I have also excluded cards that only offer free transaction fees if you pay off the balance in full. Although I always recommend you do pay off the balance in full, holidays can be expensive affairs and sometimes you may need a few months to clear the balance. If this is the case, a card that charges you is worthless!

I have however included a few cards with higher APRs where they do offer other benefits which might compensate for the extra charge. Again, I always recommend paying off the balance in full and assuming you do, you will not pay extra for the benefit of those rewards. If you do not plan to pay off in full, you will need to decide whether the additional cost is worthwhile for the extra benefits.

Travel credit cards with zero fees

Card Transaction fee Cash withdrawal fees APR Annual fee Other benefits
Natwest 0% 3% 9.9% £0 None
Royal Bank Credit Card 0% 3% 9.9% £0 None
Virgin Atlantic Rewards card* 0% 5% 22.9% £0 0.75 Flying Miles per £1 spend
Virgin Atlantic Rewards+ cards benefits 0% 5% 22.9% £160 1.5 Flying Miles per £1 spend
Santander Zero 0% 0% 18.9% £0 0% interest on all purchases for 12 months from account opening
Santander World Elite 0% 3% (£3 minimum) 18.9% £180 Lots!! See here for more details.
B Credit card 0% 3% (£3 minimum) 9.9% £0 None

*This deal only applies to new customers and only until the end of November. Thereafter the 2.99% charge applies for all overseas purchases or purchases in foreign currency. In the interest of space, I have only highlighted the earnings rate for Virgin but you can read this post for full details of all the Virgin Atlantic Rewards cards benefits. Note also that the cash withdrawal charge is considerably higher than for other credit card companies.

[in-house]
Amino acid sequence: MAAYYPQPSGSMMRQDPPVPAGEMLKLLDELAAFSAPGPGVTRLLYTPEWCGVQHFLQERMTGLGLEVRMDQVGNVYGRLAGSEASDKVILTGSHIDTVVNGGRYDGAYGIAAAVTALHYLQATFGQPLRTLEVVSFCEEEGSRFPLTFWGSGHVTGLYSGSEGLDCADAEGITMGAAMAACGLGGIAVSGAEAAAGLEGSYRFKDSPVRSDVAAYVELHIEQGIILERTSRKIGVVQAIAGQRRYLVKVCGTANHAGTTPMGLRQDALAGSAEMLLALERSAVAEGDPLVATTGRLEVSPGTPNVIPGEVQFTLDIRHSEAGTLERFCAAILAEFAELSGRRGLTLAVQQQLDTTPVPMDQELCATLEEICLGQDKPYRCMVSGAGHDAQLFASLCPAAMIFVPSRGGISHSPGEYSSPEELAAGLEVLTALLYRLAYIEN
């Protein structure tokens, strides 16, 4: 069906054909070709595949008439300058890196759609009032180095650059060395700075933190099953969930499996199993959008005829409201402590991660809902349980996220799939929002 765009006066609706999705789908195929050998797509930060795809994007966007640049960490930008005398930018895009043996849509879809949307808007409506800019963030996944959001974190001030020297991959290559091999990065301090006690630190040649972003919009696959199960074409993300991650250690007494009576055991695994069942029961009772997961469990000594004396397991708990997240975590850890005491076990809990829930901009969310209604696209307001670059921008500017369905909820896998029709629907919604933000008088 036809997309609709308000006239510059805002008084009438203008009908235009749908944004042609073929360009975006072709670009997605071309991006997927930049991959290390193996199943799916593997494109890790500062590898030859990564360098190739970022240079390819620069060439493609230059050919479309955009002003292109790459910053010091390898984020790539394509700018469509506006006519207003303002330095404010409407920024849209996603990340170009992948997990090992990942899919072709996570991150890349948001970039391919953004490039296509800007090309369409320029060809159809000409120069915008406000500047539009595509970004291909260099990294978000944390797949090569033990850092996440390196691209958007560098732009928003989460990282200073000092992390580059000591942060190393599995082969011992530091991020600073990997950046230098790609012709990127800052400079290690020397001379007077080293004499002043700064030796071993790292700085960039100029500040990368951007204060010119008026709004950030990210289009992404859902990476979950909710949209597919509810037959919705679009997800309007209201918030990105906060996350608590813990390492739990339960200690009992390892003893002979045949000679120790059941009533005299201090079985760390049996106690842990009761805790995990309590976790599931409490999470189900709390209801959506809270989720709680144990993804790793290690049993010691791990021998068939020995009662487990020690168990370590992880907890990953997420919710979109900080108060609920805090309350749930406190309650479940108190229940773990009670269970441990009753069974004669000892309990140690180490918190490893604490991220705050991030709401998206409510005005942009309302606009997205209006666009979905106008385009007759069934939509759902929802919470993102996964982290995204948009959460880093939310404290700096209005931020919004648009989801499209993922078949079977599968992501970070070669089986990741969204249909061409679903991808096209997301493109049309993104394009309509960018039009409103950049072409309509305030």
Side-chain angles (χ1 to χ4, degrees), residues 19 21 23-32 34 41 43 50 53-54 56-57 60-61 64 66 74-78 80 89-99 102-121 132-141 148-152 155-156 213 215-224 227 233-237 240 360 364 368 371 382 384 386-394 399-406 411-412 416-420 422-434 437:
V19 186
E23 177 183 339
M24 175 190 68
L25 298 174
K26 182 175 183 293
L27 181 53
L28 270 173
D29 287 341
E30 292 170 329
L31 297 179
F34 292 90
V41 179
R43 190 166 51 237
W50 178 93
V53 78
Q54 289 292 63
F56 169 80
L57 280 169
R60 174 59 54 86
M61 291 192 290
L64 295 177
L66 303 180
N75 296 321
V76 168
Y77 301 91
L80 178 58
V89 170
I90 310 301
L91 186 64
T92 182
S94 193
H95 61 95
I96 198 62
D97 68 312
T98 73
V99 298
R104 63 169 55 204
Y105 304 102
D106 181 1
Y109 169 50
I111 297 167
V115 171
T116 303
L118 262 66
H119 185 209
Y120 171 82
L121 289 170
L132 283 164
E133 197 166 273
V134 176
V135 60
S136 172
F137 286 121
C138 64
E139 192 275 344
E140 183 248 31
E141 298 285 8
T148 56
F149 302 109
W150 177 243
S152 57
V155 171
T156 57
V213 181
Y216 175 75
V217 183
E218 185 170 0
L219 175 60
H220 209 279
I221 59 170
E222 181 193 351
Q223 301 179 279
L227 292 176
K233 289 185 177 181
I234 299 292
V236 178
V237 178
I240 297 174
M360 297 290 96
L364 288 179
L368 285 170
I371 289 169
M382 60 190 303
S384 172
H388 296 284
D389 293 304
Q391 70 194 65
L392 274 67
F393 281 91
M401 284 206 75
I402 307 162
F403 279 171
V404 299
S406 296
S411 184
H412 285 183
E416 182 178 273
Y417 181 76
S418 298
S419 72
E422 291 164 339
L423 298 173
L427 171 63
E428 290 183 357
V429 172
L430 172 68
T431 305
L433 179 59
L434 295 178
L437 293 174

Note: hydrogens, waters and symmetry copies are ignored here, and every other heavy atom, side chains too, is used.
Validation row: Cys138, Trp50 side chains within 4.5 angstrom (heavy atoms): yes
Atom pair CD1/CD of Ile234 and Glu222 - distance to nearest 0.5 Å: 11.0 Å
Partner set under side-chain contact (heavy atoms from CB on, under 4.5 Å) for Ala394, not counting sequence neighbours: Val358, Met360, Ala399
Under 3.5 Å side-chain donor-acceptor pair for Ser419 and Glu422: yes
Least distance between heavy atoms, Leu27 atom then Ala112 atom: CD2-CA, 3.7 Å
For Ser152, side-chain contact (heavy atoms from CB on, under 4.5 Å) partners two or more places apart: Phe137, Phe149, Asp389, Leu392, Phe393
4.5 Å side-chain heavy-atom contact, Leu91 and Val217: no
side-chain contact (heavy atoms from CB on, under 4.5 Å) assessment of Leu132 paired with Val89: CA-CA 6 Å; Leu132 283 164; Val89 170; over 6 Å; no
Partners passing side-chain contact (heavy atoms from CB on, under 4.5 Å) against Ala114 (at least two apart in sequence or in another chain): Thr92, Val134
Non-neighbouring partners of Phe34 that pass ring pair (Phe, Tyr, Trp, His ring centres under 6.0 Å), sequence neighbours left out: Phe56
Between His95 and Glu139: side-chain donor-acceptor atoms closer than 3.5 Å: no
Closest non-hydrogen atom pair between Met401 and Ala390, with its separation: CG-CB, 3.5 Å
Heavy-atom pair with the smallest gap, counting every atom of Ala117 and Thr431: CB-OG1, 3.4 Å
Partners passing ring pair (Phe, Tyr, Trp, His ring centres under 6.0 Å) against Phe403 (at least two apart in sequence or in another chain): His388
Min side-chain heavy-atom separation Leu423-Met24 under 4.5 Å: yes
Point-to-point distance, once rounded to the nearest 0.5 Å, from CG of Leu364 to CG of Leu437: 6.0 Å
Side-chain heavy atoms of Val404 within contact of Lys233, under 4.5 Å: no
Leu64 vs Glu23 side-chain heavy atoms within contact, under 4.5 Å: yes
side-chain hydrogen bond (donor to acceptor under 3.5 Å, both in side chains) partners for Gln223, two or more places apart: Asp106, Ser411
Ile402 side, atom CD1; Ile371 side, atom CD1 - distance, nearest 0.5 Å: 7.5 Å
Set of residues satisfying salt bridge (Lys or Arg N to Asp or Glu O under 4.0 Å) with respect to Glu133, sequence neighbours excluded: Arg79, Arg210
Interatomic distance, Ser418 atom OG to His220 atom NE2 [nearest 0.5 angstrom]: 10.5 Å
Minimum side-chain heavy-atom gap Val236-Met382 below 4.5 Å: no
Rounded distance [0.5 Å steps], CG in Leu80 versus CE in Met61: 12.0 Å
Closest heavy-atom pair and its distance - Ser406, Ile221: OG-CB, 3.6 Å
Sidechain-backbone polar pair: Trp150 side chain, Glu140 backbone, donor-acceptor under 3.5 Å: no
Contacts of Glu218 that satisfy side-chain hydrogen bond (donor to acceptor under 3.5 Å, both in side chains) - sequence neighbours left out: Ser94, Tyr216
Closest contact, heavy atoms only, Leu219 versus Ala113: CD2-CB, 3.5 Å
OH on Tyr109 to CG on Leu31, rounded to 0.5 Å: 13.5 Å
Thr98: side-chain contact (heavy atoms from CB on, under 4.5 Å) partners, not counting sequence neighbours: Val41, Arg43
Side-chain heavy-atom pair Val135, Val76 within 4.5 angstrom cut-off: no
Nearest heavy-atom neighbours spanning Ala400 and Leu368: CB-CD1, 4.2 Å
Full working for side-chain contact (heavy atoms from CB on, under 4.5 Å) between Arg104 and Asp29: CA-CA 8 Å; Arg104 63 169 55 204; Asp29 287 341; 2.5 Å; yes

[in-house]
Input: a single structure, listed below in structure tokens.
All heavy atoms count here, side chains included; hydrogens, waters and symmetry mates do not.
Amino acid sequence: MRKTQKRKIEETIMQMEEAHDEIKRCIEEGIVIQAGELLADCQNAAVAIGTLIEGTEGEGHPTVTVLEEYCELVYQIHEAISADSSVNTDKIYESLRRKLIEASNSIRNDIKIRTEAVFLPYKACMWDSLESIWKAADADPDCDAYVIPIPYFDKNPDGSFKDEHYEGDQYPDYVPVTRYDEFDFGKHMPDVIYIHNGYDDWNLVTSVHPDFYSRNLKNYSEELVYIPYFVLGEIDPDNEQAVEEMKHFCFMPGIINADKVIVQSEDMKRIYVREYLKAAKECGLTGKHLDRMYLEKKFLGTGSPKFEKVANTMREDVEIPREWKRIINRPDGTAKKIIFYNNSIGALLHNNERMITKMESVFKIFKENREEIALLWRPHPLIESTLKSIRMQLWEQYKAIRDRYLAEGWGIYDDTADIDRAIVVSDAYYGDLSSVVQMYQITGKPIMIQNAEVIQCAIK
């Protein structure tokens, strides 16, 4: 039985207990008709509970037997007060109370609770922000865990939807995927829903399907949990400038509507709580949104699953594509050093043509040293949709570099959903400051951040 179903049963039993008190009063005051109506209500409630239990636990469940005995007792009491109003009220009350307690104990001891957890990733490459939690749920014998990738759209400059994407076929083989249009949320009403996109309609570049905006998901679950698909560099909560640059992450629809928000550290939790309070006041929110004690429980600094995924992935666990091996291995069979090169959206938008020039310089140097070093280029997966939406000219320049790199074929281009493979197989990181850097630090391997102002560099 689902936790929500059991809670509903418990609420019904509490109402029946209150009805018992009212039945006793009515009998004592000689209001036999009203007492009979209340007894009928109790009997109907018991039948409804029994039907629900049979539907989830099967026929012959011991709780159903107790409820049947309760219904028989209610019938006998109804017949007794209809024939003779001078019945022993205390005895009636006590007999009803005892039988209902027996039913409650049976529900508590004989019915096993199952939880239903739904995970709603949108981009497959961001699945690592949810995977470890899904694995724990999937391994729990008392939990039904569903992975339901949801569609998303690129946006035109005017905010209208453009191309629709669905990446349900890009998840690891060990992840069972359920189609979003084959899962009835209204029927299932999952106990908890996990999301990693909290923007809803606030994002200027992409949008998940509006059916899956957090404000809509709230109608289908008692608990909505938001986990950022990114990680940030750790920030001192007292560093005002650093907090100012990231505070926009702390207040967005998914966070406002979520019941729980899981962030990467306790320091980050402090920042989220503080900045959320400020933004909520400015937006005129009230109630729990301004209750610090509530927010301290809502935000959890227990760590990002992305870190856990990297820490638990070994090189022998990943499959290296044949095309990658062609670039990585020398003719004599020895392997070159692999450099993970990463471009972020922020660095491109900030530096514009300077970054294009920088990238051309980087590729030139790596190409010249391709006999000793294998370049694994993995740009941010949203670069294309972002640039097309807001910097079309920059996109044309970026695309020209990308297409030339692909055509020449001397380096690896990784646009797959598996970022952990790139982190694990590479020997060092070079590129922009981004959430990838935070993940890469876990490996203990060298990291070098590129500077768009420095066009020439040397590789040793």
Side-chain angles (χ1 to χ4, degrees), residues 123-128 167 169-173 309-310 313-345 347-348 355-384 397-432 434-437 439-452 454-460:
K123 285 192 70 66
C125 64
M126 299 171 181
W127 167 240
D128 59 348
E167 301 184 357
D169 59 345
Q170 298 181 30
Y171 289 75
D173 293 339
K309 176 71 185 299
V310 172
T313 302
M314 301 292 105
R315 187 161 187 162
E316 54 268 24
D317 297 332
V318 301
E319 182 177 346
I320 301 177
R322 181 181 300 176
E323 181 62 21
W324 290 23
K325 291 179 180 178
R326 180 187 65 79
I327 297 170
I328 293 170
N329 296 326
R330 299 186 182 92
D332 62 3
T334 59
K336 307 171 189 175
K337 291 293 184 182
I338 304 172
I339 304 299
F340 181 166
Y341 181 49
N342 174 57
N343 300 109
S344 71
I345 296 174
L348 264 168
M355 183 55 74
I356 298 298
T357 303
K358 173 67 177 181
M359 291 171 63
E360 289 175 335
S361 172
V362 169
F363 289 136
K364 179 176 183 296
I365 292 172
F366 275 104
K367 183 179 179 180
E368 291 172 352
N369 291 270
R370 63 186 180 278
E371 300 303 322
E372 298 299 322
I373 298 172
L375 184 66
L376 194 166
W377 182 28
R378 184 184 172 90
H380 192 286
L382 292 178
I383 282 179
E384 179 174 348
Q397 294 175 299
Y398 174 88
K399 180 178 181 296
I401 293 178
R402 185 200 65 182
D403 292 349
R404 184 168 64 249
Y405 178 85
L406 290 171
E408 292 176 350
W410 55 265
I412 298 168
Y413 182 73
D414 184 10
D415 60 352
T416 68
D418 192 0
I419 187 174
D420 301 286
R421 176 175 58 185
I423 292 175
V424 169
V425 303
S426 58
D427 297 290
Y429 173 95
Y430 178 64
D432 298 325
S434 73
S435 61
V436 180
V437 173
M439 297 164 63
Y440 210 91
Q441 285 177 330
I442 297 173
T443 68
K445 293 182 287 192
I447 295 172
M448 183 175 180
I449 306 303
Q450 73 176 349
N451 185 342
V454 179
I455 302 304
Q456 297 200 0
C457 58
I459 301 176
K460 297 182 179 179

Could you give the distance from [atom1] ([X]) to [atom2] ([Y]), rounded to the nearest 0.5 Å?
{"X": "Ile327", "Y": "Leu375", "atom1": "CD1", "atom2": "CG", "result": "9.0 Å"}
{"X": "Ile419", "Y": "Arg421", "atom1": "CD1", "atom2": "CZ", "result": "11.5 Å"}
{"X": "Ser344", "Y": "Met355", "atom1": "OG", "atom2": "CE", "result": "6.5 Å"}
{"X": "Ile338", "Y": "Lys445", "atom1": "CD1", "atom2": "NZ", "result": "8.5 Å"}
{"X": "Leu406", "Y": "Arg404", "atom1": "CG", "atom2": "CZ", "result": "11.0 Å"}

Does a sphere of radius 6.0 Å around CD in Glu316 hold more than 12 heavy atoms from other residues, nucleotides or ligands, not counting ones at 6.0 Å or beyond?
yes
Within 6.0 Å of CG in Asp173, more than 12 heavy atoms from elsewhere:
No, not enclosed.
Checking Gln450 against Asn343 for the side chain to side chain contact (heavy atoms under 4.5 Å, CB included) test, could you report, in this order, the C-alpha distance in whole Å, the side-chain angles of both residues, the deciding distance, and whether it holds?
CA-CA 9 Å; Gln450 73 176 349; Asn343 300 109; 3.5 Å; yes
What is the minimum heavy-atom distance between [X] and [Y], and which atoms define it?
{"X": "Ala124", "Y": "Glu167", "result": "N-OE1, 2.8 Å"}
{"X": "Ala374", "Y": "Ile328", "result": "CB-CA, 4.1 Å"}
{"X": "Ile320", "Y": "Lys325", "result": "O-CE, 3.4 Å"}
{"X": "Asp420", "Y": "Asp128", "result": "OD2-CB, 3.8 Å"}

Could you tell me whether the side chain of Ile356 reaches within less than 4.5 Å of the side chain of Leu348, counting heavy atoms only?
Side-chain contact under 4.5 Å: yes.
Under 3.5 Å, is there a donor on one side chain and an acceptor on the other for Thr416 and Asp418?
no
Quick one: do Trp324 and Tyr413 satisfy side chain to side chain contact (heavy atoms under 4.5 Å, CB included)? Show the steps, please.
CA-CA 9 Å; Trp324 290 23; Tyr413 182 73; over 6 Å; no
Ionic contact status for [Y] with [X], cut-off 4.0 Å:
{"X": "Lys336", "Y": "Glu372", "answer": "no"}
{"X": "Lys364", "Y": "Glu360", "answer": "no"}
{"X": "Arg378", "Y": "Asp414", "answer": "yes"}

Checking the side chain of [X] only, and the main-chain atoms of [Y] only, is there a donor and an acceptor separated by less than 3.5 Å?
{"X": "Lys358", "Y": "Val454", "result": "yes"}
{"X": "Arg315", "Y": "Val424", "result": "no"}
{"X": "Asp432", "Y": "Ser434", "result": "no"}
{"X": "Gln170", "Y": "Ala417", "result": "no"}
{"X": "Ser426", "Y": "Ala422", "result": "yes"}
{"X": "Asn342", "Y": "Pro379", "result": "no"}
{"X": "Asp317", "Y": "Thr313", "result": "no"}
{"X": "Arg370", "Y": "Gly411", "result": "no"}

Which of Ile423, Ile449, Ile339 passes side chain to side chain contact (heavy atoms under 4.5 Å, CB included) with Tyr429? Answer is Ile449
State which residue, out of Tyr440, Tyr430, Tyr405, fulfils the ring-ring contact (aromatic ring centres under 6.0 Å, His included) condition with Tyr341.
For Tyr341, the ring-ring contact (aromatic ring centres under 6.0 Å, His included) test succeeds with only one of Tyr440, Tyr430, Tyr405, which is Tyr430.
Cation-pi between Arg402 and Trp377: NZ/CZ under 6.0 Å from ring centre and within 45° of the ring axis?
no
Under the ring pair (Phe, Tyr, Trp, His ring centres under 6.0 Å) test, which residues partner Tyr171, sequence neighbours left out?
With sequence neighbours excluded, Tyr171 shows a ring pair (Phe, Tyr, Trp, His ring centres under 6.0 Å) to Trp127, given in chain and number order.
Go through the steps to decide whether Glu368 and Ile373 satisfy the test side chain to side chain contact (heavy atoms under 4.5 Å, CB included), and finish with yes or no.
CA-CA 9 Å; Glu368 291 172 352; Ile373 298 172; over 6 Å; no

Likewise, although Santander charge no fees for overseas cash withdrawals, all credit cards apply interest on cash withdrawals from the date of withdrawal.

Female traveller with passport
Save money on your travels with a zero fee travel credit card

So which is the best travel card?

Best travel credit card for no overseas fees if you will not repay in full

Any of the Natwest, Royal Bank credit or B cards will do the trick. They have the lowest APR of 9.9% and have zero transaction fees worldwide.

Best travel credit card for no overseas fees if you will not repay in full

Santander Zero wins in this scenario as the higher APR of 18.9% is irrelevant. It also offers 0% cash withdrawals but remember you will pay interest on cash withdrawals from the date of withdrawal.

Best travel credit card for no overseas fees and rewards

The Virgin cards win in this case but note the zero fee is an offer which expires in November. Without this offer, these cards would not feature in this list at all.

What do you think?

Maybe you use a different card which does not feature. If so, I would love to know which and why you like it. Have your say in the comments below.

About Anne

Anne is the founder and editor of TravelTheGlobe4Less. If she isn't travelling, she is thinking of travelling or planning her next trip. She has visited over 90 countries on six continents and sampled everything from backpacking to bank bursting travel. Her mission is to help you enjoy more luxurious travel without the luxury price tag through the use of airline and hotel rewards and other money saving travel tips

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3 comments

  1. I took out the Halifax Clarity Mastercard years ago, purely for foreign spend – note ‘foreign spend’, not overseas spending, as it can also be used when paying for things like the ESTA or eTA, where you have to pay in non-sterling currencies.